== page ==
The best arrangement for a silent running boat is to have a large 24V battery bank, connected to one or more Mastervolt Mass Combi Pro or Mass Combi Ultra Inverter/Chargers. The generator output is also connected to the Mastervolt Inverter/Charger and switching between inverter and generator is automatically and seamlessly handled internally. The Mass Combi can even start the generator automatically if a large load is detected (such as the air conditioning or cooking hob). The entire AC switchboard can be connected to the output so there’s no confusion over which plug sockets can be used and when, and because they can be paralleled to provide up to 35kW of inverter output (more if using generator / shore power output) there’s always plenty of power available. Perfect for making a nice cup of tea after your 2am watch without waking anyone up! 

Add to this as much DC charging as possible, such as large alternators, or solar panels applied directly to the batteries and you’ve got a very effective system.

Of course not every boat is going to be able to run this particular system, but in the 60-110ft sailing yacht range, our experience tells us it’s an extremely good starting point to start from.


What are my options to recharge the system?

90% of the boats we deal with, in the 60-110ft range have a generator aboard. As mentioned before, if you want to run the air conditioning on anchor or at sea, then it’s basically a prerequisite. It then makes sense to add a decent charger on the AC circuitry to charge the batteries while you are cooking or have the air conditioning on

Although a generator is handy for charging the batteries, it certainly isn’t the only option. The effectiveness of a couple of alternators on the main engine(s) can not be overrated. By hijacking the main engines power, it can greatly reduce the amount of space required in the engine room, as well as reducing the complexity and servicing costs aboard. For bonus points on a sailing yacht, driving the alternator from the prop shaft instead of the crankshaft can allow electricity production when the boat is sailing – meaning an indefinite quiet period, so long as the wind is good!

And what about wind and solar? If you’ve not seen a wind installation close up on a yacht, you will have definitely heard one in a marina. Although they can be effective, they can also be quite noisy, which for our purposes defeats the purpose of running silently!  And although solar can be very handy for charging the batteries when the boat is not in use, unless the yacht has been designed to allow a large area of solar panels (such as many sailing catamarans), they just don’t provide enough power to be a serious charging system.

With the continuous developments into different construction of battery cells and the materials they are produced out of the recharge time is considerably less than it was just a decade ago, with the advent of Li-ion batteries allowing almost unlimited charge and discharge currents possible without the risk of a fiery explosion. The limit is now no longer the batteries, but the charger or alternator used. 

How much space and weight do you have available?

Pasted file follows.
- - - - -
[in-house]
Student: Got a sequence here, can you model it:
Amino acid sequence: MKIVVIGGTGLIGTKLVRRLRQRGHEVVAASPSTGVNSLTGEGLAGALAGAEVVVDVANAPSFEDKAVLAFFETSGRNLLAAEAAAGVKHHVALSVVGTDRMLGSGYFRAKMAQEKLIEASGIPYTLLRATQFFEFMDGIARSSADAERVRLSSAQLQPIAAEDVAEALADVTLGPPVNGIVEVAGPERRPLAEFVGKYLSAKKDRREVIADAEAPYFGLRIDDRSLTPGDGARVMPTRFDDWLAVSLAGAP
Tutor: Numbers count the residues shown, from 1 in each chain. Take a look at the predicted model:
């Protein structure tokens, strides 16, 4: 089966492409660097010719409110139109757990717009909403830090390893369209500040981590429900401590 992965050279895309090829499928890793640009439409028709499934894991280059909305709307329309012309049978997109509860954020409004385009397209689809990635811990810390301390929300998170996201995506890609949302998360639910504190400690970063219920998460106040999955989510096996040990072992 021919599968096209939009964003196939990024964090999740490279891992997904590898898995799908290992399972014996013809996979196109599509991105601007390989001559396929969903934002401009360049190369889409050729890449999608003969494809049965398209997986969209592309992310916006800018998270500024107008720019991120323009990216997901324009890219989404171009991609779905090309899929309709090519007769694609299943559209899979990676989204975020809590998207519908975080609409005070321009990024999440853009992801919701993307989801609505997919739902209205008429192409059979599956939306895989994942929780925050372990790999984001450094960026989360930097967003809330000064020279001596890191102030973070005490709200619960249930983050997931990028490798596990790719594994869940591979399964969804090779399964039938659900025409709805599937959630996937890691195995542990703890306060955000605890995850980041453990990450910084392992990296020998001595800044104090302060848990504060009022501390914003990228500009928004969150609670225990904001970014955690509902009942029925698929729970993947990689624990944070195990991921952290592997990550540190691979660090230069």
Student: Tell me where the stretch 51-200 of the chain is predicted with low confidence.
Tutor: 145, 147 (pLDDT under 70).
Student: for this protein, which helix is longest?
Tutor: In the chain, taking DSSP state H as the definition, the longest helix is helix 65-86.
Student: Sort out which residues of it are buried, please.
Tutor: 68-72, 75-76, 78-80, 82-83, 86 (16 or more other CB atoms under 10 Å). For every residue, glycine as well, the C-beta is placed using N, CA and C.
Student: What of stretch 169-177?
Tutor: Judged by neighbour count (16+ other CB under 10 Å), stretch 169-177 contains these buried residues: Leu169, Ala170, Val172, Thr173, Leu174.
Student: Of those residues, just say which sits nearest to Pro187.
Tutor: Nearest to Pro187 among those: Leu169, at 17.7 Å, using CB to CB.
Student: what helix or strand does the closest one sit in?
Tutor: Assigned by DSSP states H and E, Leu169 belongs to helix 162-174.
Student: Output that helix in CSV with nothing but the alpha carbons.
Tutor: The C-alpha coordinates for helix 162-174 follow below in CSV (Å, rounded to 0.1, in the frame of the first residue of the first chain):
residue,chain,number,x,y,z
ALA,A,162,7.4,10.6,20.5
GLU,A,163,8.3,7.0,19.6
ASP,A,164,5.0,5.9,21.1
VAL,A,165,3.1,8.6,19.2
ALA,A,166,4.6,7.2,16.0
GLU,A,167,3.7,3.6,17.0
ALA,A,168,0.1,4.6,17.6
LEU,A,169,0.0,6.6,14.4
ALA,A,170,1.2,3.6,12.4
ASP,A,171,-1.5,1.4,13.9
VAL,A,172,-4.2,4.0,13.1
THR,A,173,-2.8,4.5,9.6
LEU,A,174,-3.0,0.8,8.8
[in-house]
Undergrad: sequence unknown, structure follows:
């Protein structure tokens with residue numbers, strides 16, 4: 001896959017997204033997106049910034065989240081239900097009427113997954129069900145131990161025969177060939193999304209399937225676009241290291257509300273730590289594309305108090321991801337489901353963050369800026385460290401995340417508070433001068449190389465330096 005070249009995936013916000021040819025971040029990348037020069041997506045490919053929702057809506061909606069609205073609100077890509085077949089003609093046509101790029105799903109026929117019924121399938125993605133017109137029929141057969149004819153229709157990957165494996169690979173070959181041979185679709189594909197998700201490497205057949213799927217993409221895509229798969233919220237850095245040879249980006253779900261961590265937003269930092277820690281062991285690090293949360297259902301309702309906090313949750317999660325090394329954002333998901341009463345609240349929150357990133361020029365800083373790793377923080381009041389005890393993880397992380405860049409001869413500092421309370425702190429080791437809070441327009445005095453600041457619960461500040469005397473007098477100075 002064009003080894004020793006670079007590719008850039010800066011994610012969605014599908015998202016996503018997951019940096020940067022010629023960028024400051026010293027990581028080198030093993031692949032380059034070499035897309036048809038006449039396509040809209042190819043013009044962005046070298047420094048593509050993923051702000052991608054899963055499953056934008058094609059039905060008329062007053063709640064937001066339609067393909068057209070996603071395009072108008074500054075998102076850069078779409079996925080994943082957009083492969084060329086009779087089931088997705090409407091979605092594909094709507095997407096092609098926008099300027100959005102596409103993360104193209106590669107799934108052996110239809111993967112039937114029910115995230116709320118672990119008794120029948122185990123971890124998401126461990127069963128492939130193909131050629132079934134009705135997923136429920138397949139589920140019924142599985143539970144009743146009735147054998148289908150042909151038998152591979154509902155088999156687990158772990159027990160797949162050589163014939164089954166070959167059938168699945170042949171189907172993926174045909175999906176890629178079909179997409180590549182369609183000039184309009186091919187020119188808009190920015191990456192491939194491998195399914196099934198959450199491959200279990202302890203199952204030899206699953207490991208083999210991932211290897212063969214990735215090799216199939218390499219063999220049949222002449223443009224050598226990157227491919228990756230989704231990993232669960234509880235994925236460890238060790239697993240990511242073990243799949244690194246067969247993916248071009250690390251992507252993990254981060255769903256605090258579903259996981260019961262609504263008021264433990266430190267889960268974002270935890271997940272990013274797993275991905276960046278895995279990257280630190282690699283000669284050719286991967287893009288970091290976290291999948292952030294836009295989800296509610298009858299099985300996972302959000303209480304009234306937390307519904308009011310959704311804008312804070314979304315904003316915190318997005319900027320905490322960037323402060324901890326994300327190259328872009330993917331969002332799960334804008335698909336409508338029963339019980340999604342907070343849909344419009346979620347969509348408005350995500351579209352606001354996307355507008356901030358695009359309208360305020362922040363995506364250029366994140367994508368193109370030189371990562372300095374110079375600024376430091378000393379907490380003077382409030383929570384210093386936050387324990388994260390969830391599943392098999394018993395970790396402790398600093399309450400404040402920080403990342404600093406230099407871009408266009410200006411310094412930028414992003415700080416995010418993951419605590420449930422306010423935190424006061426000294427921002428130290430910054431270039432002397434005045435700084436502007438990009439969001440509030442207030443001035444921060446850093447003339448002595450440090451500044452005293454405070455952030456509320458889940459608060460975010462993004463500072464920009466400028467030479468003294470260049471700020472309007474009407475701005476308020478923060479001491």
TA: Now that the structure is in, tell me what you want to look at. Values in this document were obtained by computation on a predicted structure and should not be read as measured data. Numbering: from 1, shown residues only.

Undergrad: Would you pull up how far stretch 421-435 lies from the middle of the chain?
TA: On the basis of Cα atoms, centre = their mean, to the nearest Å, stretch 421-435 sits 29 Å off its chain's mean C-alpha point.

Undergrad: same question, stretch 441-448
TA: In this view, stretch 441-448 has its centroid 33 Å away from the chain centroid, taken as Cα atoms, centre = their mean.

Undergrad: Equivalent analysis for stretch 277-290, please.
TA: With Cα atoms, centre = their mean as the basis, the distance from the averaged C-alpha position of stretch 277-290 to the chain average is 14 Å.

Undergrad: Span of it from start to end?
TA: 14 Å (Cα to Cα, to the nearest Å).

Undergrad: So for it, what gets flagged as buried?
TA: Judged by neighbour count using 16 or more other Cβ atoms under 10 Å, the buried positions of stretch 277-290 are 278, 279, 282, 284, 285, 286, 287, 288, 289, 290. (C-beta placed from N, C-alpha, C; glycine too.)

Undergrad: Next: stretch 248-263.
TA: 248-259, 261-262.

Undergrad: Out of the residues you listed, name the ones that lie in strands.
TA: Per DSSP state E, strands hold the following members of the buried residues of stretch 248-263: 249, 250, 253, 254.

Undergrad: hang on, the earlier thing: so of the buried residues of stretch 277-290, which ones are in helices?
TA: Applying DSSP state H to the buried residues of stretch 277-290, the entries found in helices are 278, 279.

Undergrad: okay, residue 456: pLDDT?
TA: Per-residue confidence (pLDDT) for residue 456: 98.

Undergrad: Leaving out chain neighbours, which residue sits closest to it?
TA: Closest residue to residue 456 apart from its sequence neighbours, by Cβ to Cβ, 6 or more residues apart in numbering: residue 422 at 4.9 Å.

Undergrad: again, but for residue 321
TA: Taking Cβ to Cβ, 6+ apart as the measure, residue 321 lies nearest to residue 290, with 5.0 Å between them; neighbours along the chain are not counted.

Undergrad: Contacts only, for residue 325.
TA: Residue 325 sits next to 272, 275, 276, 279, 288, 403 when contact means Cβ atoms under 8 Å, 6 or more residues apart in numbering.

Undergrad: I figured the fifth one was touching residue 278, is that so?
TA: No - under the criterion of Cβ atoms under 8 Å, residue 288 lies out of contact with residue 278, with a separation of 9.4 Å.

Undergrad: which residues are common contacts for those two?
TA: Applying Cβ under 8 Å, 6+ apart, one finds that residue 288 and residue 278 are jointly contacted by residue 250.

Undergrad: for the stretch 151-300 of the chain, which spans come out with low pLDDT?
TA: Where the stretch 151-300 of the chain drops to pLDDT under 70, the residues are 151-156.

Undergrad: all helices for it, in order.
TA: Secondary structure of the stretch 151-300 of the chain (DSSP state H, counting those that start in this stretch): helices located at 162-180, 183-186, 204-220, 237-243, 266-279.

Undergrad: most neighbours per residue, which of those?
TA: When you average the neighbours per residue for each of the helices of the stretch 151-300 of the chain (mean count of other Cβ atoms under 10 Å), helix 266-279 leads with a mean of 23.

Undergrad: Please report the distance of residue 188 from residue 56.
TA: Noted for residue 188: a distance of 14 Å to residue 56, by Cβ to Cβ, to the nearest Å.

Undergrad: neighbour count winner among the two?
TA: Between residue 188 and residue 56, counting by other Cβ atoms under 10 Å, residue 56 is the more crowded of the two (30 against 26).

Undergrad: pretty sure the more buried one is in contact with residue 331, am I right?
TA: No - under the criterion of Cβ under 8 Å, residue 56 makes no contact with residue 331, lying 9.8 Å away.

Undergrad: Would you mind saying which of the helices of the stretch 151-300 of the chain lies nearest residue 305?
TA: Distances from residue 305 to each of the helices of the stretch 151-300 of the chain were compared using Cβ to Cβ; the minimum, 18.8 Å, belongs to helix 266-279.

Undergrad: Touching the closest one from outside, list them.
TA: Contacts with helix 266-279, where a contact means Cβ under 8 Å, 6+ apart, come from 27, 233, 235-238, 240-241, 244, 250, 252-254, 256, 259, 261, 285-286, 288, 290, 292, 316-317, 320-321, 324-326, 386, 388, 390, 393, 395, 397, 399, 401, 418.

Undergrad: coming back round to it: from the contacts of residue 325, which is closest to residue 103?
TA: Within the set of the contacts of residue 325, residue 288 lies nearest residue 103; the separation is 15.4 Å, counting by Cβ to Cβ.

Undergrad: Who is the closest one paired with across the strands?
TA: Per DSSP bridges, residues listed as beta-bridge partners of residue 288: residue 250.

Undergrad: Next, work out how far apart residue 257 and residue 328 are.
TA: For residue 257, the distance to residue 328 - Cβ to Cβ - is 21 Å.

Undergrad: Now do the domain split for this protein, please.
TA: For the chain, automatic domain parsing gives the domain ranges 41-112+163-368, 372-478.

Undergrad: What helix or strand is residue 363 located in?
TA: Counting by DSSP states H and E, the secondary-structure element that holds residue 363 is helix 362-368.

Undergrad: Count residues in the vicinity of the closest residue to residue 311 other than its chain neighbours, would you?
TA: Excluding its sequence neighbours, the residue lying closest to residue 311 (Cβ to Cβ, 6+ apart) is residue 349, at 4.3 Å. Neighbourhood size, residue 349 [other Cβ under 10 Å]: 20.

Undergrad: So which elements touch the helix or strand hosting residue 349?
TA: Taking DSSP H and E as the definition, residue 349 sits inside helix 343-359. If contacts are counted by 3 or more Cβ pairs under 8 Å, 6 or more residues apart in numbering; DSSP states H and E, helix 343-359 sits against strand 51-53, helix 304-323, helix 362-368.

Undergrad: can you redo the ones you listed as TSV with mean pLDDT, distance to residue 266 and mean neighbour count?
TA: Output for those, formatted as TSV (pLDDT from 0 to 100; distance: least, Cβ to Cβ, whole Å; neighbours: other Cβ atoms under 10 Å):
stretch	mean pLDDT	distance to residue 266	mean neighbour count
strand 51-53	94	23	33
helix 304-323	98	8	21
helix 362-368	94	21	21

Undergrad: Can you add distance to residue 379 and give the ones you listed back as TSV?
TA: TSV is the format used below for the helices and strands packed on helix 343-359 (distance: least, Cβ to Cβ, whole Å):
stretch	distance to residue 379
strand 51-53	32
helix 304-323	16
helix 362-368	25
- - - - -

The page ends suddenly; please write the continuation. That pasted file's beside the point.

The physical size and weight is another contributing factor to the choice of a battery bank as the power available has a direct correlation to the size required. As mentioned before, the technological advances in battery construction have certainly minimised the weight gain to Ah ratio in recent years, with the Mastervolt MLi-Ultra 12/5000 having an average 6Ah available per kilogram of mass, compared to a standard lead acid 12v battery of a similar capacity having on average only 1.8Ah available per kilogram of mass. This allows you to fit more power than ever before into the available space or increase the capacity of an existing bank without having to sacrifice more space than currently available.

One 30M sailing yacht we dealt with recently has taken advantage of the smaller size of lithium ion batteries. 14 Mastervolt MLi-ion batteries are used in parallel to produce a 2800Ah battery bank at 24V – easilly enough to run for 12 hours with all the bells and whistles running. She also utilises C-Zone and Mastervolt digital switching and control for the whole power generation and control allows seamless operation of all systems involved. As Mastervolt and C-Zone are owned by the same company, the integration is smooth and reliable.


How about different battery types?

As mentioned at the start of this article, there has been some amazing increases in battery technology in the past few years. 

Battery Technology

Price per capacity (24V)

Capacity per weight (24V)

Max charge rate


€6 per Ah

1.7Ah per Kg

40-50% of capacity

Lithium Ion

€32 per Ah

3Ah per Kg

Approx 150% of cap.


€8 per Ah

2Ah per Kg 

Approx 100% of cap.


€1.76 Per Ah

.9Ah per Kg

40-50% of capacity


And after all of this has been taken into account, the deciding factor is budget.

As with all things, often the biggest factor is price. Lithium ion batteries are great, but they’re also really expensive! We work with customers everyday to find the best solution which works for them, their boat and their budget. Make sure you contact us to discuss your project so we can point you in the right direction.